Page:Origin of Species 1872.djvu/456

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FOSSILIFEROUS.—Containing fossils.

FOSSORIAL.—Having a faculty of digging. The Fossorial Hymenoptera are a group of wasp-like insects, which burrow in sandy soil to make nests for their young.

FRENUM (pl. FRENA).—A small band or fold of skin.

FUNGI (sing. FUNGUS).—A class of cellular plants, of which mushrooms, toadstools, and moulds, are familiar examples.

FURCULA.—The forked bone formed by the union of the collar-bones in many birds, such as the common fowl.


GALLINACEOUS BIRDS.—An order of birds of which the common fowl, turkey, and pheasant, are well-known examples.

GALLUS.—The genus of birds which includes the common fowl.

GANGLION.—A swelling or knot from which nerves are given off as from a centre.

GANOID FISHES.—Fishes covered with peculiar enamelled bony scales. Most of them are extinct.

GERMINAL VESICLE.—A minute vesicle in the eggs of animals, from which development of the embryo proceeds.

GLACIAL PERIOD.—A period of great cold and of enormous extension of ice upon the surface of the earth. It is believed that glacial periods have occurred repeatedly during the geological history of the earth, but the term is generally applied to the close of the Tertiary epoch, when nearly the whole of Europe was subjected to an arctic climate.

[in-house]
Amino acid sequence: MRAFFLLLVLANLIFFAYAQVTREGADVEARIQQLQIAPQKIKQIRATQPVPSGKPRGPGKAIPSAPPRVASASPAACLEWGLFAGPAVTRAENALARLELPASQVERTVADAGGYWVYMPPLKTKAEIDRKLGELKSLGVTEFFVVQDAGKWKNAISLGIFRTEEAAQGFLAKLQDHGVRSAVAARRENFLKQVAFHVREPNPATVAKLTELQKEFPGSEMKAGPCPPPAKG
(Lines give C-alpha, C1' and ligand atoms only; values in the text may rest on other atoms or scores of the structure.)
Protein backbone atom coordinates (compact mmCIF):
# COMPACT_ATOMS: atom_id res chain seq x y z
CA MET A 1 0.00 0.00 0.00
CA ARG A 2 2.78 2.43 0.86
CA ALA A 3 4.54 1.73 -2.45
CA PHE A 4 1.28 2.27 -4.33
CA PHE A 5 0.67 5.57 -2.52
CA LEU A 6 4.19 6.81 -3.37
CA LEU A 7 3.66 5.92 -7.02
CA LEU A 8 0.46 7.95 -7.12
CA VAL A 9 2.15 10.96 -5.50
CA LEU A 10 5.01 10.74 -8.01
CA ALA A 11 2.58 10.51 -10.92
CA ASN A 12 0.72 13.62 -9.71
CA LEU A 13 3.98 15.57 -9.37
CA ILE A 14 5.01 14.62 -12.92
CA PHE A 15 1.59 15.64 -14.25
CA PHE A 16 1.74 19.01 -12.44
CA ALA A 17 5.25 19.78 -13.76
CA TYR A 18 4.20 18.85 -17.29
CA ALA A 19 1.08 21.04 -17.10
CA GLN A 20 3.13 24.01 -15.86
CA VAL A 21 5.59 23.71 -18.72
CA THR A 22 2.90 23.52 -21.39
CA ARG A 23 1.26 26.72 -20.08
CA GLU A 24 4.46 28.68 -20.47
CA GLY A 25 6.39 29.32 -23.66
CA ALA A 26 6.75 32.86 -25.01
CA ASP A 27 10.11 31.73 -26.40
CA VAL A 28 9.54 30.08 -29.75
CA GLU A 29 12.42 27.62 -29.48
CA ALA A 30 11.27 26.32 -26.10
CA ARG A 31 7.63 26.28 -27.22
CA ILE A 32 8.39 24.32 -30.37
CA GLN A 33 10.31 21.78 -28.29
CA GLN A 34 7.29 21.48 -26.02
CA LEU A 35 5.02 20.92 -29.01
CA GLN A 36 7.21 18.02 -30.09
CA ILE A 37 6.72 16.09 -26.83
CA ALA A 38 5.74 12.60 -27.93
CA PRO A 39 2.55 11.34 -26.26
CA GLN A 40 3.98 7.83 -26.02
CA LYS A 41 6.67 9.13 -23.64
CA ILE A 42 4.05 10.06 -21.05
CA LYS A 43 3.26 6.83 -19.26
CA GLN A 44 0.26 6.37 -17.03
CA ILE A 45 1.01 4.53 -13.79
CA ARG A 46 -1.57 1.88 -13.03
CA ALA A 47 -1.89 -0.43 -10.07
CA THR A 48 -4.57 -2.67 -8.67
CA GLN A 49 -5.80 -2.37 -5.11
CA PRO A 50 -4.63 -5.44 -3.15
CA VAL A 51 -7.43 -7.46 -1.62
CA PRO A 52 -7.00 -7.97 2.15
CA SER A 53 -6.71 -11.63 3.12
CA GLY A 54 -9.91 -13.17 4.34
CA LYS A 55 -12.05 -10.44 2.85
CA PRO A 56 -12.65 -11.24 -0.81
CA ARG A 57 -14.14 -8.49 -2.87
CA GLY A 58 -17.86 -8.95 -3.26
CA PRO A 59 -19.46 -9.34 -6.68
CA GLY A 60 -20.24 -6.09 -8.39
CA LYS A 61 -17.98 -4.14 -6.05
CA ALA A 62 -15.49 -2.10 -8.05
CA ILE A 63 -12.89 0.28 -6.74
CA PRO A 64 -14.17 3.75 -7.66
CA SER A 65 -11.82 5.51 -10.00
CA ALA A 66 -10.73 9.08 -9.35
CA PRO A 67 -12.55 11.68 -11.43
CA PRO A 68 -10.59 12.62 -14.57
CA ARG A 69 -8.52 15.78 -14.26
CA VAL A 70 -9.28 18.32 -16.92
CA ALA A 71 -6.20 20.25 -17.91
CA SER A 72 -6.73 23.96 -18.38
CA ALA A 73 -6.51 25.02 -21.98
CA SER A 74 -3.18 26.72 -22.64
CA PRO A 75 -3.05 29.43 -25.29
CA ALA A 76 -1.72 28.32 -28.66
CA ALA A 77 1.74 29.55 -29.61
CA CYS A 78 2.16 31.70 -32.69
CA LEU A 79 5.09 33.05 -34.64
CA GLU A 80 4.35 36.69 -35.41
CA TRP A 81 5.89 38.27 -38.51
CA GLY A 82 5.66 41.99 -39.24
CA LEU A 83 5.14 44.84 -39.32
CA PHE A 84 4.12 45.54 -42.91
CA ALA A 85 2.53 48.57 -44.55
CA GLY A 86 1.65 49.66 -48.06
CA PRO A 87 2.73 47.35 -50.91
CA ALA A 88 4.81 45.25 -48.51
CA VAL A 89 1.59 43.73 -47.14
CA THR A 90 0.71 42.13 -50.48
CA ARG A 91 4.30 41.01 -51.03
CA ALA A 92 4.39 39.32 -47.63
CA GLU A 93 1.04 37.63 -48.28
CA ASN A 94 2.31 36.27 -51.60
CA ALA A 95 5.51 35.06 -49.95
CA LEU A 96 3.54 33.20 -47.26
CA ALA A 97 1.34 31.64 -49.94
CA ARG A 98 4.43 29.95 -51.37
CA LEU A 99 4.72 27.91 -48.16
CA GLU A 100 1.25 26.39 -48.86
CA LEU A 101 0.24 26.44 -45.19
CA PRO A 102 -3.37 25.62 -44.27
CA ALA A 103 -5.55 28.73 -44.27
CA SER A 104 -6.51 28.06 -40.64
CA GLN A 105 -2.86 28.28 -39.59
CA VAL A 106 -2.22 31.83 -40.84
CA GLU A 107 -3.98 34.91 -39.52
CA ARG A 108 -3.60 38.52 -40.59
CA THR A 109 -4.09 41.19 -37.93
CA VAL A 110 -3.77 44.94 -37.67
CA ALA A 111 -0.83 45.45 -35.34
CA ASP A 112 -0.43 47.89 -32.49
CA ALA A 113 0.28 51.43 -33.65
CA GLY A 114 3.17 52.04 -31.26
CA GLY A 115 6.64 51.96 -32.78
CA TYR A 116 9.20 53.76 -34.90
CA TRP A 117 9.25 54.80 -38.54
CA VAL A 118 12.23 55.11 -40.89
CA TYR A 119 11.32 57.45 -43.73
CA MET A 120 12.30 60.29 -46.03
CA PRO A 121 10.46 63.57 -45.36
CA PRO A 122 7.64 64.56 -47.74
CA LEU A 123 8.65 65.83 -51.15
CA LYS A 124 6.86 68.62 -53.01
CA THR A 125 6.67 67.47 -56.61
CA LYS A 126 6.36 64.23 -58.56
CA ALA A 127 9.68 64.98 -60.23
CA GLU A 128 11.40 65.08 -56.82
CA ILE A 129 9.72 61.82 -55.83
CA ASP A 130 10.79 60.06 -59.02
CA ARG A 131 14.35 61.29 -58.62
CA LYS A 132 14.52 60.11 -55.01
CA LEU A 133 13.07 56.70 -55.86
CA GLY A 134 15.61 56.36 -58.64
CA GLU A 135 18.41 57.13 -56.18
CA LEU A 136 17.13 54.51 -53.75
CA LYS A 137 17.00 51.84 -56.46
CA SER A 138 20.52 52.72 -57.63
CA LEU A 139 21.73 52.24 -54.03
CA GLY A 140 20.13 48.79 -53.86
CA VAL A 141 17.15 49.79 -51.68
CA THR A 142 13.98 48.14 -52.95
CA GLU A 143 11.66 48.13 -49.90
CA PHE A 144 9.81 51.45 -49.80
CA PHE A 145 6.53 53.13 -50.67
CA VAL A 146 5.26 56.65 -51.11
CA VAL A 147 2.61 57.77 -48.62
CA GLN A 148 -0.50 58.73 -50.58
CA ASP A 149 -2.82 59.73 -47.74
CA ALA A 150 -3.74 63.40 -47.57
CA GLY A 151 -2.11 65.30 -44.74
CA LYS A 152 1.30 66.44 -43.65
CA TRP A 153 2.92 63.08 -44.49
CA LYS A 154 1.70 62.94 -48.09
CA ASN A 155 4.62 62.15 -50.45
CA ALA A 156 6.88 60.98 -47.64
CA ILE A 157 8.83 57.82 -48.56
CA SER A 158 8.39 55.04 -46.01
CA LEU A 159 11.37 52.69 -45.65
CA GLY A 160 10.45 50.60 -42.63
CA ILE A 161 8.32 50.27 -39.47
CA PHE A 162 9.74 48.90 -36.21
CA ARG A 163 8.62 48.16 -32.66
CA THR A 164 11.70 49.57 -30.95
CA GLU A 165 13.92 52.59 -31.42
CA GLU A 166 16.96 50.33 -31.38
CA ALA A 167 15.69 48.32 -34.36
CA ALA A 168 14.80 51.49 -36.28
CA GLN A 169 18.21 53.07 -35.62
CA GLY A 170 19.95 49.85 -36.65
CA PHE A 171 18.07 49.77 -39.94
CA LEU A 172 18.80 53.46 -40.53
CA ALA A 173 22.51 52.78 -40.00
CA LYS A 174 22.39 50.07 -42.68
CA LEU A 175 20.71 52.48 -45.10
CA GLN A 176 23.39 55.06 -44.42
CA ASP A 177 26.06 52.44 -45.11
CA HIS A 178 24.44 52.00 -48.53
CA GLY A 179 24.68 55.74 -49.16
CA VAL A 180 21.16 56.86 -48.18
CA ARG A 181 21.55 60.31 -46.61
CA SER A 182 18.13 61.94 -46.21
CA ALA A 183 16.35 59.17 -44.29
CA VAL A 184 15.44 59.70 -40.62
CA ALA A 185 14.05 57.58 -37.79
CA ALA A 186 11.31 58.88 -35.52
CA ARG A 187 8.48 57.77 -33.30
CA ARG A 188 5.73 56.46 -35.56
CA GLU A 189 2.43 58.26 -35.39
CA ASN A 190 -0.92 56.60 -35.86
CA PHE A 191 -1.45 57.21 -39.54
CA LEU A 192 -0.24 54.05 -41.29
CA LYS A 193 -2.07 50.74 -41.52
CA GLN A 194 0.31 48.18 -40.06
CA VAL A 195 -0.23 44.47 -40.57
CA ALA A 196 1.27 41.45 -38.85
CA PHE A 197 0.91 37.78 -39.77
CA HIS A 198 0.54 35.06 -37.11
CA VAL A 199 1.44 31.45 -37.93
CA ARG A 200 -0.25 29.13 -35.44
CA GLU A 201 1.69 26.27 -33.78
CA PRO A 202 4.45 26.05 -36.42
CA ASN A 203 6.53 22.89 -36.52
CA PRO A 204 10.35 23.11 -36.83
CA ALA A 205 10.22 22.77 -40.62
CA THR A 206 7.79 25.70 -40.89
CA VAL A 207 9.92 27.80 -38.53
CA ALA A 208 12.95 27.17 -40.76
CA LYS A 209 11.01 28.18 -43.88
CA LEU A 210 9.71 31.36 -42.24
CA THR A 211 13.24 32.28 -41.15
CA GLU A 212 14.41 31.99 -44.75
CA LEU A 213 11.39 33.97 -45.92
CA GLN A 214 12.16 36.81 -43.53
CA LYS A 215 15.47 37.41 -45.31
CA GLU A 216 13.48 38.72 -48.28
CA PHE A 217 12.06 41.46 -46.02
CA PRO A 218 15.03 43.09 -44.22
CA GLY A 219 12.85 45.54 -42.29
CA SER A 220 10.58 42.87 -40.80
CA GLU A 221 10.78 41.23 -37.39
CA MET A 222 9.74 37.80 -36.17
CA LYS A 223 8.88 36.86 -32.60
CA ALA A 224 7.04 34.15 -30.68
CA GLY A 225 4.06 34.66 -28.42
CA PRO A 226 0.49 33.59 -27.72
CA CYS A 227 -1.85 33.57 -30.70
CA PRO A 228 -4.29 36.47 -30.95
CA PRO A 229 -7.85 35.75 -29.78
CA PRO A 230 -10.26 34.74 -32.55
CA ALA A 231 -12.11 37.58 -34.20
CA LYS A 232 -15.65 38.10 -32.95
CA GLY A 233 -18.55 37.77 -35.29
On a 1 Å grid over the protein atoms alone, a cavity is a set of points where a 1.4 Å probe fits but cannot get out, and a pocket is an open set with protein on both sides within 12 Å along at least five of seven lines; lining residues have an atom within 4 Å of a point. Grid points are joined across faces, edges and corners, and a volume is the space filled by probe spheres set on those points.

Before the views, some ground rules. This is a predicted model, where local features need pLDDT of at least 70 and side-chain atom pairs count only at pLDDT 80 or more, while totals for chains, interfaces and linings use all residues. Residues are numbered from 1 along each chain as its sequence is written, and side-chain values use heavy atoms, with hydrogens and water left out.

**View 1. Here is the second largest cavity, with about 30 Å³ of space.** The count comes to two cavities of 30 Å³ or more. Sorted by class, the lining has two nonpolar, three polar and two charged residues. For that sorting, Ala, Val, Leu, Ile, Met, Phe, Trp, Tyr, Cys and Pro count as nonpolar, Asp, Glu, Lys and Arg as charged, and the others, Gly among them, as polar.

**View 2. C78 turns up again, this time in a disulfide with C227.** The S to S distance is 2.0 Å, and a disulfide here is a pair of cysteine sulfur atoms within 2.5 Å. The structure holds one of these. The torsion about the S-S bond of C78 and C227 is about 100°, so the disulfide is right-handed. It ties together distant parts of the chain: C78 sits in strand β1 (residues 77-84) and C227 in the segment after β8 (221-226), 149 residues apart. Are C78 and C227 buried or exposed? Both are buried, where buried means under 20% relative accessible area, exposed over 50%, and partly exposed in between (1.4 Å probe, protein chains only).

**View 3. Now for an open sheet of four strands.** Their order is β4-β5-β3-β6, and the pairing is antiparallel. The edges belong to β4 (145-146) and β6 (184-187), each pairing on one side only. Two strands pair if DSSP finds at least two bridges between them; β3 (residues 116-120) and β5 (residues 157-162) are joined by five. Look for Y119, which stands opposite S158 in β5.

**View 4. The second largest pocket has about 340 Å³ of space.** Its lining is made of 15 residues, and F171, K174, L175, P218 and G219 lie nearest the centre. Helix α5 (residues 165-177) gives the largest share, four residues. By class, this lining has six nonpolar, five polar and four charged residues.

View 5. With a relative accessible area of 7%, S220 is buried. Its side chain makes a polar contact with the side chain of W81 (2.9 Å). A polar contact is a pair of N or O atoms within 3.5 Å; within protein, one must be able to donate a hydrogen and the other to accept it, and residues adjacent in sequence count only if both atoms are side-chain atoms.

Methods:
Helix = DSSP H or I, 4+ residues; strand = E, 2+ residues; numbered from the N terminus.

GLAND.—An organ which secretes or separates some peculiar product from the blood or sap of animals or plants.

GLOTTIS.—The opening of the windpipe into the oesophagus or gullet.

GNEISS.—A rock approaching granite in composition, but more or less laminated, and really produced by the alteration of a sedimentary deposit after its consolidation.

GRALLATORES.—The so-called wading-birds (storks, cranes, snipes, &c.), which are generally furnished with long legs, bare of feathers above the heel, and have no membranes between the toes.

GRANITE.—A rock consisting essentially of crystals of felspar and mica in a mass of quartz.


HABITAT.—The locality in which a plant or animal naturally lives.

HEMIPTERA.—An order or sub-order of insects, characterised by the possession of a jointed beak or rostrum, and by having the fore-wings horny in the basal portion and membranous at the extremity, where they cross each other. This group includes the various species of bugs.

HERMAPHRODITE.—Possessing the organs of both sexes.

HOMOLOGY.—That relation between parts which results from their development from corresponding embryonic parts, either in different animals, as in the case of the arm of man, the fore-leg of a quadruped, and the wing of a bird; or in the same individual, as in the case of the fore and hind legs in quadrupeds, and the segments or rings and their appendages of which the body of a worm, a centipede, &c., is composed. The latter is called serial homology. The parts which stand in such a relation to each other are said to be homologous, and one such part or organ is